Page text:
Create Lasting Online Relationships – Part 2

In the first article of this series, we introduced the Customer Engagement Model (Reach, Acquire, Convert & Retain) and offered several strategies for improving your effectiveness at each of the Stages of Customer Engagement.

More importantly, knowing which strategies to apply, and when to apply them, is most effective when you're able to measure the outcome of specific campaigns. (You can't improve what you don't measure.)

In this article, we examine the three places that you will lose customers - unless you engage them appropriately. We see many online businesses either not engaging at all or engaging everywhere. The right level of engagement at the right time is what's needed and that's what we're talking about.

Disengaging from the Engagement Model

Just to recap, we're working with four stages as covered in the article about Customer Engagement Models. These stages are Reach, Acquire, Convert and Retain.

All visitors arrive via the Reach stage so the effectiveness of this stage will dictate the website's overall potential. If you're not getting many visits to your website, you will want to review how you're going about attracting visitors.

A successful outcome of the Reach stage is that members of your target audience visit the website. Once potential customers visit your site, they enter the Acquire stage. In other words; these are all the people who have come to your website based on a promise you have made. In essence, these people are giving you the chance to deliver on that promise.

The Acquire stage is the first of three places that you will lose potential customers. We refer to this stage of disengagement as Leakage and find that it happens before any serious engagement with potential customers takes place. Its a situation that is analogous to window shopping.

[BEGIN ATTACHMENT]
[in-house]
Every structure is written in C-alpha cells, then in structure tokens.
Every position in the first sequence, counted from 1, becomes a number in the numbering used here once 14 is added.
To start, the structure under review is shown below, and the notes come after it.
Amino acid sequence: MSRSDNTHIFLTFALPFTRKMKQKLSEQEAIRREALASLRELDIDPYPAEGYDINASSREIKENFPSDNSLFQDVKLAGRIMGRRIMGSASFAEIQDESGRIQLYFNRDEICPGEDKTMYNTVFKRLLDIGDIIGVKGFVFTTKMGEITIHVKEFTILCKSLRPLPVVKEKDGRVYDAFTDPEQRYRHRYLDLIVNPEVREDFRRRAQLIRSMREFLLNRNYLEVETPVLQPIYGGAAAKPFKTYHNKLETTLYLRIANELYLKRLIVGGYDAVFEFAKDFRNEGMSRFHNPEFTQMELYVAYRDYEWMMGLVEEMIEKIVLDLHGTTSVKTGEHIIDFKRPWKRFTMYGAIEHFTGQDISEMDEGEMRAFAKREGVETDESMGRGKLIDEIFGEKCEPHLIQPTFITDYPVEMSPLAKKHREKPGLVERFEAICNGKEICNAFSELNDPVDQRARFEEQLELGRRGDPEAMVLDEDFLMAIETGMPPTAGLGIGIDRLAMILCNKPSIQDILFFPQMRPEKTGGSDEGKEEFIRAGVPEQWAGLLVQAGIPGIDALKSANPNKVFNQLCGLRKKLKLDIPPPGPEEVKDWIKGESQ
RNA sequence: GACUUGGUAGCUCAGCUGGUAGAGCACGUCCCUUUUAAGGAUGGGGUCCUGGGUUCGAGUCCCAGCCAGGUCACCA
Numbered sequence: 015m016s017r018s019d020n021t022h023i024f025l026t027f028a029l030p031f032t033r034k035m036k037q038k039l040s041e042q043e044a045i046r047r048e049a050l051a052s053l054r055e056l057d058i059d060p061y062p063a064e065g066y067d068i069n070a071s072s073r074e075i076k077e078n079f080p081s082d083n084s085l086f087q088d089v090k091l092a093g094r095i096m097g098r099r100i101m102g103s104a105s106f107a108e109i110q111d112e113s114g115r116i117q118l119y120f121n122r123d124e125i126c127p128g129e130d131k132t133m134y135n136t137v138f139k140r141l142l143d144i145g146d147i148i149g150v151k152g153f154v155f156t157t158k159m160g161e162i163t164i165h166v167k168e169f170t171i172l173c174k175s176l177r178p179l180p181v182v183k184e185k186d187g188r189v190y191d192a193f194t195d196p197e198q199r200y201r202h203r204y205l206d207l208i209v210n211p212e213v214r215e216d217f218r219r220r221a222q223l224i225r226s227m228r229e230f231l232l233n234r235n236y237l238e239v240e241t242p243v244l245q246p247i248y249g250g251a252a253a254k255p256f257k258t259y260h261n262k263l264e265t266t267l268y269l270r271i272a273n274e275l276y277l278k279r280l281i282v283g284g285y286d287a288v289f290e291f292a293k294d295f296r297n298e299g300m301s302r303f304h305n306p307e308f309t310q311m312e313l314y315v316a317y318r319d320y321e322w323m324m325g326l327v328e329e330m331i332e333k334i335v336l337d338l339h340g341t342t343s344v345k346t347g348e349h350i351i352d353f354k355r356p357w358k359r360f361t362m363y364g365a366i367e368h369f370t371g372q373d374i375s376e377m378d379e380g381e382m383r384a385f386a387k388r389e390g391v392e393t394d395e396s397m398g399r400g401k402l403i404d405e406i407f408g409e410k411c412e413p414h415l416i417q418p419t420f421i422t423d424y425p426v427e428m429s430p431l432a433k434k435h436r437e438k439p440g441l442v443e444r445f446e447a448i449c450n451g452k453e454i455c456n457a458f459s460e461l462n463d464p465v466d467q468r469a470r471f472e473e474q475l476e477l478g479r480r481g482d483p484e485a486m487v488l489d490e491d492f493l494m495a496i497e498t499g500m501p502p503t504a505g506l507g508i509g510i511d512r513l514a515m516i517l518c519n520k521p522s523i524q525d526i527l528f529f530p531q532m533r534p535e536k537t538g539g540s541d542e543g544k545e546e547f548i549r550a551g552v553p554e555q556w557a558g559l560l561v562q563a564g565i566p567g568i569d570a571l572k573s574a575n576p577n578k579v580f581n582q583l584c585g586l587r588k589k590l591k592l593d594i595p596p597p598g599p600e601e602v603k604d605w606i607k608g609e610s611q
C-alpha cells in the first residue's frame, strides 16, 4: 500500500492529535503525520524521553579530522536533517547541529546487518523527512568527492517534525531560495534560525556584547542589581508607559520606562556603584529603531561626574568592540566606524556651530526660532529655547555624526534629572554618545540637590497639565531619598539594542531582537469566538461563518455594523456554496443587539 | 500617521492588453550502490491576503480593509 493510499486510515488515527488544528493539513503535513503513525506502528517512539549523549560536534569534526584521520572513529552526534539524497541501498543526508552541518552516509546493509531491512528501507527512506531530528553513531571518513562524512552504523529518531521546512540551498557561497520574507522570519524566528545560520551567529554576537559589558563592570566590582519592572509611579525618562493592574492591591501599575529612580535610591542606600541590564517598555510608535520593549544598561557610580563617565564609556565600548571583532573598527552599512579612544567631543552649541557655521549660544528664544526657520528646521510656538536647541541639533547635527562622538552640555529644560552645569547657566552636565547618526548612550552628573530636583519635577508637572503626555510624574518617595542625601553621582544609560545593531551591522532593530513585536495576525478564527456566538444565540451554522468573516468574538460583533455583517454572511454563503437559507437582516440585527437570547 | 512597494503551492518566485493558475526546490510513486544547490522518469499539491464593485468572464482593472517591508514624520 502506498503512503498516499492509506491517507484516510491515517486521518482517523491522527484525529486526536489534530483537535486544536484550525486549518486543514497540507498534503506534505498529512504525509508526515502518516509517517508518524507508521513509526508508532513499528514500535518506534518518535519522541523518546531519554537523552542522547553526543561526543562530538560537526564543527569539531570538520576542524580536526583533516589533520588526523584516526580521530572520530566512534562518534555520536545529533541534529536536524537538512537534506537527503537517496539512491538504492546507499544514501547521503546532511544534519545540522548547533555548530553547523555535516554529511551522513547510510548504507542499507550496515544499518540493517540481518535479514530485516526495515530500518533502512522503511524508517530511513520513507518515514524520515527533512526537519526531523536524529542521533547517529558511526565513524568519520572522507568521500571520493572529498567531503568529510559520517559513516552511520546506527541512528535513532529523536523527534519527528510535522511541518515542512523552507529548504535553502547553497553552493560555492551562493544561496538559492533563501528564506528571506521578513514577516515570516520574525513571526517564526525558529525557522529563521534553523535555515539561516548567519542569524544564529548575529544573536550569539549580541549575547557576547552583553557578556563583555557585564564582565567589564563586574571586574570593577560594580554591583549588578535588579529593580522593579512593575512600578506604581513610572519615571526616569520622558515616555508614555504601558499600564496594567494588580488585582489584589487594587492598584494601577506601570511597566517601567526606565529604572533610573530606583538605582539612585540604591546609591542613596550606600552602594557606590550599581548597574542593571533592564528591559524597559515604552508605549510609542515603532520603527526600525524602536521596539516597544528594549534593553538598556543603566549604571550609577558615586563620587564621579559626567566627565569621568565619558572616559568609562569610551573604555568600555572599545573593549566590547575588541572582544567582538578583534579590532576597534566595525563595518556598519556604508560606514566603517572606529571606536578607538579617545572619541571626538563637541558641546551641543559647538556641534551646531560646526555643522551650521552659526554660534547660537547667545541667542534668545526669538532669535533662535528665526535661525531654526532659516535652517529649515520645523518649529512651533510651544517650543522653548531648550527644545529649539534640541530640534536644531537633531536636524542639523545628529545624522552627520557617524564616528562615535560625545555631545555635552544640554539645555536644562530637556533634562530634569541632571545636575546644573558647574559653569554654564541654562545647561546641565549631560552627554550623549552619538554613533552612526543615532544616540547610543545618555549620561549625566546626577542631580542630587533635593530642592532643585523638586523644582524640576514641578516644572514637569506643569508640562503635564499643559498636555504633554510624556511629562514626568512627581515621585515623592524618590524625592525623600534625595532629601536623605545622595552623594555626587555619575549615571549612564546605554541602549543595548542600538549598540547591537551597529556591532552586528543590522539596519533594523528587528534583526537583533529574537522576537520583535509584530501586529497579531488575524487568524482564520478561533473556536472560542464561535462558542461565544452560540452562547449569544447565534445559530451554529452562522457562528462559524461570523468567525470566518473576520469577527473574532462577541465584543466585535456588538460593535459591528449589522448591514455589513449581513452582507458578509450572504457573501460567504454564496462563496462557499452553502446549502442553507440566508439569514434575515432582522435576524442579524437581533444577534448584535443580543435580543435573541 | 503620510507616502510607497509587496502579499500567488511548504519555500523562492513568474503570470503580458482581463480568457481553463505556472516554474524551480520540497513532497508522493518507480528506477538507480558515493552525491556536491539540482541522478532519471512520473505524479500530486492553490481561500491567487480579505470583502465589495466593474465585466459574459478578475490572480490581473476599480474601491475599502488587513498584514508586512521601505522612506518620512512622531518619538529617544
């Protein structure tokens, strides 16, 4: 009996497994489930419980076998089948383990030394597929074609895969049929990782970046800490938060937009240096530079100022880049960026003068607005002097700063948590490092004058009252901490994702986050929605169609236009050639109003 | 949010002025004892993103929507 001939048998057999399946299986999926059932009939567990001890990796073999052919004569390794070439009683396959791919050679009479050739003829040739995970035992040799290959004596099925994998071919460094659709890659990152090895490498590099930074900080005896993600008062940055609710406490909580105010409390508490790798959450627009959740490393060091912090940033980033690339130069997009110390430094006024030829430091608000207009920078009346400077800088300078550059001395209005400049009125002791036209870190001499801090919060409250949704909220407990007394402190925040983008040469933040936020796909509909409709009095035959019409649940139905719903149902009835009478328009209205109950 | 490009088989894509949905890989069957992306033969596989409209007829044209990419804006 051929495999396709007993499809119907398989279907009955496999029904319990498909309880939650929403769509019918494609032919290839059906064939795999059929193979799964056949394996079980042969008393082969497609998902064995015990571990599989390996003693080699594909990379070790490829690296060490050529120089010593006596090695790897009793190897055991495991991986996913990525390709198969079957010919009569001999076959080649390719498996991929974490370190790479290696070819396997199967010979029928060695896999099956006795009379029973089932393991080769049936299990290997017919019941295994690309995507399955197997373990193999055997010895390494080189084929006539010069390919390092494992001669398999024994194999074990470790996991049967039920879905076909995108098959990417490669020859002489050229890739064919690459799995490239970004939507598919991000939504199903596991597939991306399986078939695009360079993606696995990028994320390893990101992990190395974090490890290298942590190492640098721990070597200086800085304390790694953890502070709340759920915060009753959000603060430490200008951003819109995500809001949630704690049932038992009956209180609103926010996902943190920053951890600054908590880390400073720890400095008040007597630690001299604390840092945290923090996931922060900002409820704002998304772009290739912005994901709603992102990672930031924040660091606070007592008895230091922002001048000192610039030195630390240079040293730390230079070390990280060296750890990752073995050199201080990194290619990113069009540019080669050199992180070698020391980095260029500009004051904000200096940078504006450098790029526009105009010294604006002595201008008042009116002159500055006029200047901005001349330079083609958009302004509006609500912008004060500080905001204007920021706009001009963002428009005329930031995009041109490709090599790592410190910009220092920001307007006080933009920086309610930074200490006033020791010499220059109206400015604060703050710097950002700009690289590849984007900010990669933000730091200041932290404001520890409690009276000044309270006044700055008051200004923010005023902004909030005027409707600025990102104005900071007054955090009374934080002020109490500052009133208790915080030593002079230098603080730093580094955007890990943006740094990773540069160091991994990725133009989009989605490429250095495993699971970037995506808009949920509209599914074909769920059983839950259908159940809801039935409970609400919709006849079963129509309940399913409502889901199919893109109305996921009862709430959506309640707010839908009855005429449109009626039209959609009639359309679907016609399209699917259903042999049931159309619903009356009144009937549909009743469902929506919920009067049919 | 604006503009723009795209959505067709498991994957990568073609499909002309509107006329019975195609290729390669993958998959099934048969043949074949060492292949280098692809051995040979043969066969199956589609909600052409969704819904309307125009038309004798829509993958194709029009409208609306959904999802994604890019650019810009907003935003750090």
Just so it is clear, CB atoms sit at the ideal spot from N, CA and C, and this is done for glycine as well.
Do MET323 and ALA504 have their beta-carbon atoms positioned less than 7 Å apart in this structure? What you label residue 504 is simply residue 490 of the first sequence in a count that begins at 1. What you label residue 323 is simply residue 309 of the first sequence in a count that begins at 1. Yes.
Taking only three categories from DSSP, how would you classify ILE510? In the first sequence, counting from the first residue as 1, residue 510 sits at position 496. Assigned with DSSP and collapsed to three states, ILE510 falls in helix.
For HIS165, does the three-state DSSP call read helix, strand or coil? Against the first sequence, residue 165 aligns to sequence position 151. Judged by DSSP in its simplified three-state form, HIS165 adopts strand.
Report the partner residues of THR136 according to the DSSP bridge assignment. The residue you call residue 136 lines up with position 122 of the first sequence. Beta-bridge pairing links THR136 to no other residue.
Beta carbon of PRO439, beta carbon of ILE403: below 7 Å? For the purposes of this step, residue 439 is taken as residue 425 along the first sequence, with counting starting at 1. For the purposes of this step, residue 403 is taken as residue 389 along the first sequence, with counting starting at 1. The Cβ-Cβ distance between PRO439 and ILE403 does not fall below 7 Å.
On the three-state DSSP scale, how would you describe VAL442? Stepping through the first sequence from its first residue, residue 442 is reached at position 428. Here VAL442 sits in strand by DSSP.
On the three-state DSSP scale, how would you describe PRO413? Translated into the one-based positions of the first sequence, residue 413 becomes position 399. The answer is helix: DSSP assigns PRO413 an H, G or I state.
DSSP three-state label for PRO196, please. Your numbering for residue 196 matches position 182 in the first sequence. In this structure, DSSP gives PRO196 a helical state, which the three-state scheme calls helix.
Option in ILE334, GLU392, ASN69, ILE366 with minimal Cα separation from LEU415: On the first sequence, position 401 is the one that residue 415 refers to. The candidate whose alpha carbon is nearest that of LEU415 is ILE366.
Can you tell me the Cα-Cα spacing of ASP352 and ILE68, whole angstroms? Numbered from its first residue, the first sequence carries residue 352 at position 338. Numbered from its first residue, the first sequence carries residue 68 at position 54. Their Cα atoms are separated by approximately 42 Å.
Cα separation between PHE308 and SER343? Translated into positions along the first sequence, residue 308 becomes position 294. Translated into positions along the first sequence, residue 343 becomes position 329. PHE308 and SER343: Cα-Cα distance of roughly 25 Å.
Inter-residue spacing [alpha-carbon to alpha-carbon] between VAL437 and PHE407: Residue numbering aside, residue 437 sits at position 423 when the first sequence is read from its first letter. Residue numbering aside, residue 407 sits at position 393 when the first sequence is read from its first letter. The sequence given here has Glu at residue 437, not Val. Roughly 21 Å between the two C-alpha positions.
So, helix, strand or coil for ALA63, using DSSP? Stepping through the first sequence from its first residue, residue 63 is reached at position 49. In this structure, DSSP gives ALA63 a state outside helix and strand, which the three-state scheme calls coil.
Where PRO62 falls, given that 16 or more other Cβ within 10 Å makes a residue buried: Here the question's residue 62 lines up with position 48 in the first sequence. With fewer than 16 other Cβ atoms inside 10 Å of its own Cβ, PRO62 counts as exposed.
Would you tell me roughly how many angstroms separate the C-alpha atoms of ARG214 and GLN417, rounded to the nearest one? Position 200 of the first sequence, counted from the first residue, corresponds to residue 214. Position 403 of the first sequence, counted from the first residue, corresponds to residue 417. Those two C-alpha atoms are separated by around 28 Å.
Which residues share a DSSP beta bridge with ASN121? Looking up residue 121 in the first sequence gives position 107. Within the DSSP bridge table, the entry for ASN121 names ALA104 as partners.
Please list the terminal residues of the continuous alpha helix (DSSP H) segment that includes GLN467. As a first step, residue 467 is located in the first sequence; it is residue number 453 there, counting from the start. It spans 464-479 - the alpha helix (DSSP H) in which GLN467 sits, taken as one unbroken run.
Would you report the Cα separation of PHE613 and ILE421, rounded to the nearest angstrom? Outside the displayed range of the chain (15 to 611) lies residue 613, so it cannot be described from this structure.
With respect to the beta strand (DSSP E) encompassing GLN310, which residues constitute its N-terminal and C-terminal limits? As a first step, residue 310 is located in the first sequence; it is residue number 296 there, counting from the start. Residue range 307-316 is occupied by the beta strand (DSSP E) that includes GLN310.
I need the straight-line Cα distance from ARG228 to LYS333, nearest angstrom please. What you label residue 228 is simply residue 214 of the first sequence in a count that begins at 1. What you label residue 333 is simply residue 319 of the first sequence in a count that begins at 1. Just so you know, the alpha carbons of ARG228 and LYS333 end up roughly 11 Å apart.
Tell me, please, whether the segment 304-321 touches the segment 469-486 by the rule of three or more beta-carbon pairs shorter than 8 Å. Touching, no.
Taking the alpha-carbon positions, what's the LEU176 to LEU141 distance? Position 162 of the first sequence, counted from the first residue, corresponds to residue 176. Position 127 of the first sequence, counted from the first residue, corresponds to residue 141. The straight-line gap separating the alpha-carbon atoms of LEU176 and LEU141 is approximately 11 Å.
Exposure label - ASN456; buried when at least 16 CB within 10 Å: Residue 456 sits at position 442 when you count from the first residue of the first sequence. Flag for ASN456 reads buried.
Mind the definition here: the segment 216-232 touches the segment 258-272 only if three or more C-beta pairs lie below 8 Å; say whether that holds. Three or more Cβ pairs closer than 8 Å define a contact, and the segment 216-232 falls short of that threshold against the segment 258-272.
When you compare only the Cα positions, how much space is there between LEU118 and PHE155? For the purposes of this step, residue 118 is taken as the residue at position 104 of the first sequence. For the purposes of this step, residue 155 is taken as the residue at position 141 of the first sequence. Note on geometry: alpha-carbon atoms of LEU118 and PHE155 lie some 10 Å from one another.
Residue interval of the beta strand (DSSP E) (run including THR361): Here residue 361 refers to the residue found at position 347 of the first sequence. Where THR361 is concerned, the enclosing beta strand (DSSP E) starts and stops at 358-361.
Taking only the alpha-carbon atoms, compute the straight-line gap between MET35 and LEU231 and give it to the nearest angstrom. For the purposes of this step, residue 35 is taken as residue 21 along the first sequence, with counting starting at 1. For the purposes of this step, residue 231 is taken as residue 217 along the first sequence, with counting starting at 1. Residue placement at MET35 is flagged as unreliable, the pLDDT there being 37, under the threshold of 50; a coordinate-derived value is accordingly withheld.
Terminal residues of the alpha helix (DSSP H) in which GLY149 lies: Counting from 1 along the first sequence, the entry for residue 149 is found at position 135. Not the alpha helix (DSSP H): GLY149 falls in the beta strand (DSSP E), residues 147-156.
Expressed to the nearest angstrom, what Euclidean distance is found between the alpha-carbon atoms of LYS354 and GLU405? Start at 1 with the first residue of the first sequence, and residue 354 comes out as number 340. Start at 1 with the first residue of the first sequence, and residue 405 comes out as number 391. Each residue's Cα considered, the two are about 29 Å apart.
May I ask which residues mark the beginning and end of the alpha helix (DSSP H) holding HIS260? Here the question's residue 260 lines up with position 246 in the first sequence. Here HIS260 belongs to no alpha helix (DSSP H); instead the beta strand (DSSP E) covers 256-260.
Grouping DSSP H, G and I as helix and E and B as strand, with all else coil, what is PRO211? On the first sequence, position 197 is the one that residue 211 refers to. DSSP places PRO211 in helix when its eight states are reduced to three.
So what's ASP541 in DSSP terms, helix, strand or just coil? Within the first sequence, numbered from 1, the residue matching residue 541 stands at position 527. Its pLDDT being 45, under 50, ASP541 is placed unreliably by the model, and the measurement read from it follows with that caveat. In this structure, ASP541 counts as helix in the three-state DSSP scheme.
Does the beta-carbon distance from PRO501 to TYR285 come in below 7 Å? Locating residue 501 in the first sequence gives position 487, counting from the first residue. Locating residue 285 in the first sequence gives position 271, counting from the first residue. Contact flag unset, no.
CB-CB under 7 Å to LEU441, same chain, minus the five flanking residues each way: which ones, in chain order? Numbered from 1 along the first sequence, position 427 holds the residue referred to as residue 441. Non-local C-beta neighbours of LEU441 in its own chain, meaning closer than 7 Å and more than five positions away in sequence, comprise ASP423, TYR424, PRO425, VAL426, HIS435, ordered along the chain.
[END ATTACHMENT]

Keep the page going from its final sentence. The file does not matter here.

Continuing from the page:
Leakage represents the customers whom you were able to Acquire but whom you were not able to Convert. The ratio of Leakage to Acquisition represents the effectiveness of your Reach techniques in bringing the right audience to your website and illustrates how well your value proposition appeals to the needs of customers attracted by your Reach technique.

Abandonment describes the next type of disengagement that your customers can potentially exhibit. A common form of Abandonment occurs when a customer fills their shopping cart but do not commit to the final purchase.

By definition, Abandonment can only occur when the customer has commenced the Convert stage of your Engagement Model. Knowing "how many" and "why" people are choosing to disengage as a result of Abandonment is really important to know.

Disengagement at the final stage of the Engagement Model (Retain) is called Attrition. This occurs when a customer has had a successful engagement with the website and has been in the Convert stage at least once, but has chosen to go somewhere else.

To put the possible stages of disengagement into perspective, consider the following fictitious website (Make Millions In Days).

Make Millions In Days

Make Millions In Days offers customers a 12-month program of tips, tricks and techniques (in the form of a continuity program) for achieving one's dreams of becoming financially independent.

For this website;

1. Leakage
Leakage equates to potential buyers and sellers coming to the website, gathering information about how it works and what it has to offer to them but never signing up.

2. Abandonment
Abandonment is represented by someone filling up a shopping cart but exiting before completing the transaction.

3. Attrition
Attrition occurs when someone who has bought into the continuity program suddenly stops returning.

Knowing the factors influencing disengagement and measuring them consistently and continuously is the only surefire way of attaining predicable results. In our next and final article in this series, we highlight the 3 Major Factors leading to customer disengagement and the steps you can take to keep your visitors hanging around longer.


Create Lasting Online Relationships - Part 1 | Part 2 | Part 3

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